Unfortunately, there is no one definitive resource that provides an answer.  Even FHA handbooks and publications themselves offer somewhat vague direction.
The stance by FHA in recent years has been to move the responsibility to the Lender's Underwriter and the Lender's assigned Appraiser.  They must determine the repair needs of a given property.  The days of ordering certifications and other costly unwarranted repairs on an FHA Appraisal are pretty much a thing of the past.  
While it must be pointed out that every housing market varies ... and every Appraiser's stance also varies ... FHA Financing does NOT have to be viewed as a "deal killer".  

For the most part, HOME INSPECTIONS have taken the guesswork out of the FHA Appraiser's "to do list".  The role of the Appraisal should now be viewed as more of a "Value Protection" for both the Buyer and the Lender.
For deals to die on the vine over long-standing old-school mindsets surrounding the negatives of FHA Financing, was/would be unfortunate.  Those of us that must know what an FHA Appraiser will require regarding appraised properties, should keep "safe, sanitary, and sound" in mind as our rule-of-thumb in these instances.  
Below I've included an example of a case where the sellers DID comply with an FHA contract and resulting Appraisal.    Here is the verbiage included in the FHA Appraisal and what was required by the FHA-Certified Appraiser involved during that transaction:  
     "The Subject was built prior to 1978 and thus there is a possibility of the existence of lead-based paint in the home."
  • Evidence of cracked and peeling paint was found at the time of the inspection on almost all surfaces of the exterior of the home, garage and the shed
  • Home requires exterior scraping and re-painting on nearly entire exterior siding, trim, and soffits
  • Shed, garage, and house exterior also show minor signs of wood rot
  • The Shed was locked at the time of inspection.  A re-inspection will be required to view shed interior
  • The patio is dug-out of the original grade and has three perimeter walls surrounding.  All perimeter walls present falling hazards and exceed 36 inches in height.  A full-surround safety railing is recommended to prevent accidental falling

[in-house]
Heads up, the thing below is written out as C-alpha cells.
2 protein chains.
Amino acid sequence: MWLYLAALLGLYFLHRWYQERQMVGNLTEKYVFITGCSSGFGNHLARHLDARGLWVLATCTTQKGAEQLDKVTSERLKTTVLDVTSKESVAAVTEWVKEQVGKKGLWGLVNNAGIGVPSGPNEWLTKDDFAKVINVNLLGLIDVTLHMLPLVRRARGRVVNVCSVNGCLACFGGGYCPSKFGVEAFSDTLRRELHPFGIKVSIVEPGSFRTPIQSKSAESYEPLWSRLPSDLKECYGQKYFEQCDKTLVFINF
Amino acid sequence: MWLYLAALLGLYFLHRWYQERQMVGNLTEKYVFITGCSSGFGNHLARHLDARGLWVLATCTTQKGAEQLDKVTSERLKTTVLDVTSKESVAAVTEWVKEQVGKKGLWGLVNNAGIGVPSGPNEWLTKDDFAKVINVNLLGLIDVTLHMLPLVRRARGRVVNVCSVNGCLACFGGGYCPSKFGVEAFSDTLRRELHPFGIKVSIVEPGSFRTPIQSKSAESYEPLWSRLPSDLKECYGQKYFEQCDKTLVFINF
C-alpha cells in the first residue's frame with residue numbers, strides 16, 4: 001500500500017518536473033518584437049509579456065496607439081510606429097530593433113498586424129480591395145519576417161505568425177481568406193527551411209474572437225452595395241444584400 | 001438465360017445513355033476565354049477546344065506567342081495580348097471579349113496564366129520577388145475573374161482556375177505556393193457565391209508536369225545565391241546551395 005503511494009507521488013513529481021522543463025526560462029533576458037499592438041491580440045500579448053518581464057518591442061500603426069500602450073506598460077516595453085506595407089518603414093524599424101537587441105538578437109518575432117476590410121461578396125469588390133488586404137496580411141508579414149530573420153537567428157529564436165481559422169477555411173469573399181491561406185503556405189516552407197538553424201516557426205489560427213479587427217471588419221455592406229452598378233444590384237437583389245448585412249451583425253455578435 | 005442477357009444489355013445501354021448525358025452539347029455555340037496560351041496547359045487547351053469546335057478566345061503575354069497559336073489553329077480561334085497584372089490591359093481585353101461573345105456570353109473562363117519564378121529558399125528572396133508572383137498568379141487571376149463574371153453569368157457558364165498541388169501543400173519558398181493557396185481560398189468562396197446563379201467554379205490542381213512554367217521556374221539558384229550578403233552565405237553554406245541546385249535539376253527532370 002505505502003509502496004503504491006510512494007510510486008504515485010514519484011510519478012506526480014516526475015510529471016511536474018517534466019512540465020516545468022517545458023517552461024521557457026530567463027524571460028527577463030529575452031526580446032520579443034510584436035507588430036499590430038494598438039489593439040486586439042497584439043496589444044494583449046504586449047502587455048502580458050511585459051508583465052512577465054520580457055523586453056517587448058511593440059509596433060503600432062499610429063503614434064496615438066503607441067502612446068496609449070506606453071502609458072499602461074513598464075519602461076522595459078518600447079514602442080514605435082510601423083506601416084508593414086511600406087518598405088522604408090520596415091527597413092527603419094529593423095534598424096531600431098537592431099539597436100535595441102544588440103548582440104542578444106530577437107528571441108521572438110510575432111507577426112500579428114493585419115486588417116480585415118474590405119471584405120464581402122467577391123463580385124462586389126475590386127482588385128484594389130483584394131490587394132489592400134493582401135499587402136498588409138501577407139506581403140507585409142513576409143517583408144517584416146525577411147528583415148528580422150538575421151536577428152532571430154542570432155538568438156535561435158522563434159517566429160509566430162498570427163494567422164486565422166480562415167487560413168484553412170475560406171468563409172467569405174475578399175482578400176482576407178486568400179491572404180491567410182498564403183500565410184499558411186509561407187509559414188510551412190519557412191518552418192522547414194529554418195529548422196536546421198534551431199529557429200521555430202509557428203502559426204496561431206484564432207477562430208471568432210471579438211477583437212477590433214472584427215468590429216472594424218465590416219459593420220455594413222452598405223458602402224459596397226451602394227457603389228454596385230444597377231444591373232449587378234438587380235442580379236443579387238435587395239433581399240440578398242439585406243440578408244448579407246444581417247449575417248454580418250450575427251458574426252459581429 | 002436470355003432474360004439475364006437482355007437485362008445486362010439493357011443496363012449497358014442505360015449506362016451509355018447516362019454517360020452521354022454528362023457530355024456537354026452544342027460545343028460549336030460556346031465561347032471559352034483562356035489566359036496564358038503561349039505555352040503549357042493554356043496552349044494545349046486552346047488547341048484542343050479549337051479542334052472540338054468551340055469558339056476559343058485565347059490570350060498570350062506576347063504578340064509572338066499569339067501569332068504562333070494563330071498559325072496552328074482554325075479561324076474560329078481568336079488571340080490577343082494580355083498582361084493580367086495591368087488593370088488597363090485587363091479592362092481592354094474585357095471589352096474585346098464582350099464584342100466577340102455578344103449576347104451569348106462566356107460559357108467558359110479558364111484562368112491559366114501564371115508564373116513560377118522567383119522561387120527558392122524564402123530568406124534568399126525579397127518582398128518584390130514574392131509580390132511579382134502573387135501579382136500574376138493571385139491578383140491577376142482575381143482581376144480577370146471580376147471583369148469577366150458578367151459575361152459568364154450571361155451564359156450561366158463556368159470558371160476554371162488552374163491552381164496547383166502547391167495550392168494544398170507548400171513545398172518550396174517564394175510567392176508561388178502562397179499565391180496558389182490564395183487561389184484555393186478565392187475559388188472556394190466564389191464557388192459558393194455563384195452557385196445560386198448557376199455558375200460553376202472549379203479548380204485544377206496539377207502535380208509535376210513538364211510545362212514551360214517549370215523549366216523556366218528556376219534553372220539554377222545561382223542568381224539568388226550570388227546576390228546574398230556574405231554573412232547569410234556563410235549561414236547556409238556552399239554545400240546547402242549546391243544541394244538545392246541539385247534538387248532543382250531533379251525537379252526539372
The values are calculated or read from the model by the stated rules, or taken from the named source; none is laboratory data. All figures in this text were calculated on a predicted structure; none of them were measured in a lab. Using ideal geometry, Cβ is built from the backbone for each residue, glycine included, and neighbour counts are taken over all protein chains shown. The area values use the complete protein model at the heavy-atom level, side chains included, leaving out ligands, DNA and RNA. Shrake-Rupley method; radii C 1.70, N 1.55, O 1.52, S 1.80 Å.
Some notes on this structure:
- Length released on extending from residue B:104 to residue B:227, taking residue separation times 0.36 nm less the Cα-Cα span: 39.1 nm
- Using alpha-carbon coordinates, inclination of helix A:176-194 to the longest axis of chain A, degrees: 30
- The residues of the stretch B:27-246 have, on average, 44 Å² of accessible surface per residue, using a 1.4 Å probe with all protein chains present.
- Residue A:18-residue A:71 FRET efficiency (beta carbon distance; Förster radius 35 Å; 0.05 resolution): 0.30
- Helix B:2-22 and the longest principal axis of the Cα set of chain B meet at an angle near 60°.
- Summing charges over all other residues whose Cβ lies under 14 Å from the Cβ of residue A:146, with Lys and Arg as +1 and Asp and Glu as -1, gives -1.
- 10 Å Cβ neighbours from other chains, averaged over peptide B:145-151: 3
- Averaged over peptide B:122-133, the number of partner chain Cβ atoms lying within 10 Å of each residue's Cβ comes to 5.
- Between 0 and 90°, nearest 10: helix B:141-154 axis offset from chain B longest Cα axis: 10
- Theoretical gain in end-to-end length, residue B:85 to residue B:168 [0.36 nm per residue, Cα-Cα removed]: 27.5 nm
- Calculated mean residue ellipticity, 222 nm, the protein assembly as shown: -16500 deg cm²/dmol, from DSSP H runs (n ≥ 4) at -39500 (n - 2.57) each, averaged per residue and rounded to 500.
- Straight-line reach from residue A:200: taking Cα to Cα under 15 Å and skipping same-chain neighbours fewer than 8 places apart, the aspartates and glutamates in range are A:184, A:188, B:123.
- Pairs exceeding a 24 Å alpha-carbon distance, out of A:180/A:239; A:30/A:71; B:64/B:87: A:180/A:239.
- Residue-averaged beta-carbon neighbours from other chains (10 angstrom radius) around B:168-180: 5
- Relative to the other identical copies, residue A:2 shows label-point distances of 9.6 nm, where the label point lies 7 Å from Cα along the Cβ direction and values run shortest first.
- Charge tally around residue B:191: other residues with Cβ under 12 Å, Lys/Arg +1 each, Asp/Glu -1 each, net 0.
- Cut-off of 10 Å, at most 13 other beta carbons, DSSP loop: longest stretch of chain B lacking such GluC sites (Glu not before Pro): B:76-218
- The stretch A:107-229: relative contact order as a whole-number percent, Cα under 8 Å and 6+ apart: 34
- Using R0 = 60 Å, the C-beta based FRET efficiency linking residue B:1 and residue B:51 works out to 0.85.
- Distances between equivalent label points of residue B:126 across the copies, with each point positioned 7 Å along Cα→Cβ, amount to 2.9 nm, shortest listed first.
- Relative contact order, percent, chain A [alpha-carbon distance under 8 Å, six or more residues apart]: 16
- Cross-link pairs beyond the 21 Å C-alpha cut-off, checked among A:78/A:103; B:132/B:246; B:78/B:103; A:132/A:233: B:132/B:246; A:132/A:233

The above showcases the Appraiser's method of reasoning and prevailing mindset regarding the current safety and soundness ... the "fitness" of the property being viewed.  It also provides a prime example of how FHA deals can close when the Seller keeps an open mind.   
As that is just what happened.  The Sellers made the required repairs quickly and relatively easily (and inexpensively) and kept their transaction moving forward to successful completion.  The desired result ... a SOLD home ... was achieved.
Each Seller must determine their own transaction's path and destiny.  The best outcomes ... the quickest sales are found when all options are left on the table and considered fully.
I say that ... in appropriate situations and in more challenging housing markets, those options should include the consideration of accepting a Buyer making an offer with FHA Financing ... 



* When in need of Mortgage info or service when buying, refinancing, or Investing in a home in New Lenox - elsewhere in Chicagoland - IL & WI, contact me. I'll be happy to put my 40+ years of mortgage experience and expertise hard to work on your behalf.
I'm easily found at:

Gene Mundt
Mortgage Originator - NMLS #216987 - IL Lic. #031.0006220 - WI Licensed
American Portfolio Mortgage Corp.
NMLS #175656
Direct: 815.524.2280
Cell/Text: 708.921.6331
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Gene Mundt, IL/WI Mortgage Originator - FHA/VA/Conv/Jumbo/Portfolio/Refi
NMLS #216987, IL Lic. 031.0006220, WI Licensed. APMC NMLS #175656 - New Lenox, IL
708.921.6331 - 40+ yrs experience

Appreciate the sharing of this info, Fred. Hope it proves to be food for thought ...

Nov 30, 2018 10:23 PM #1
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Fred Griffin Tallahassee Real Estate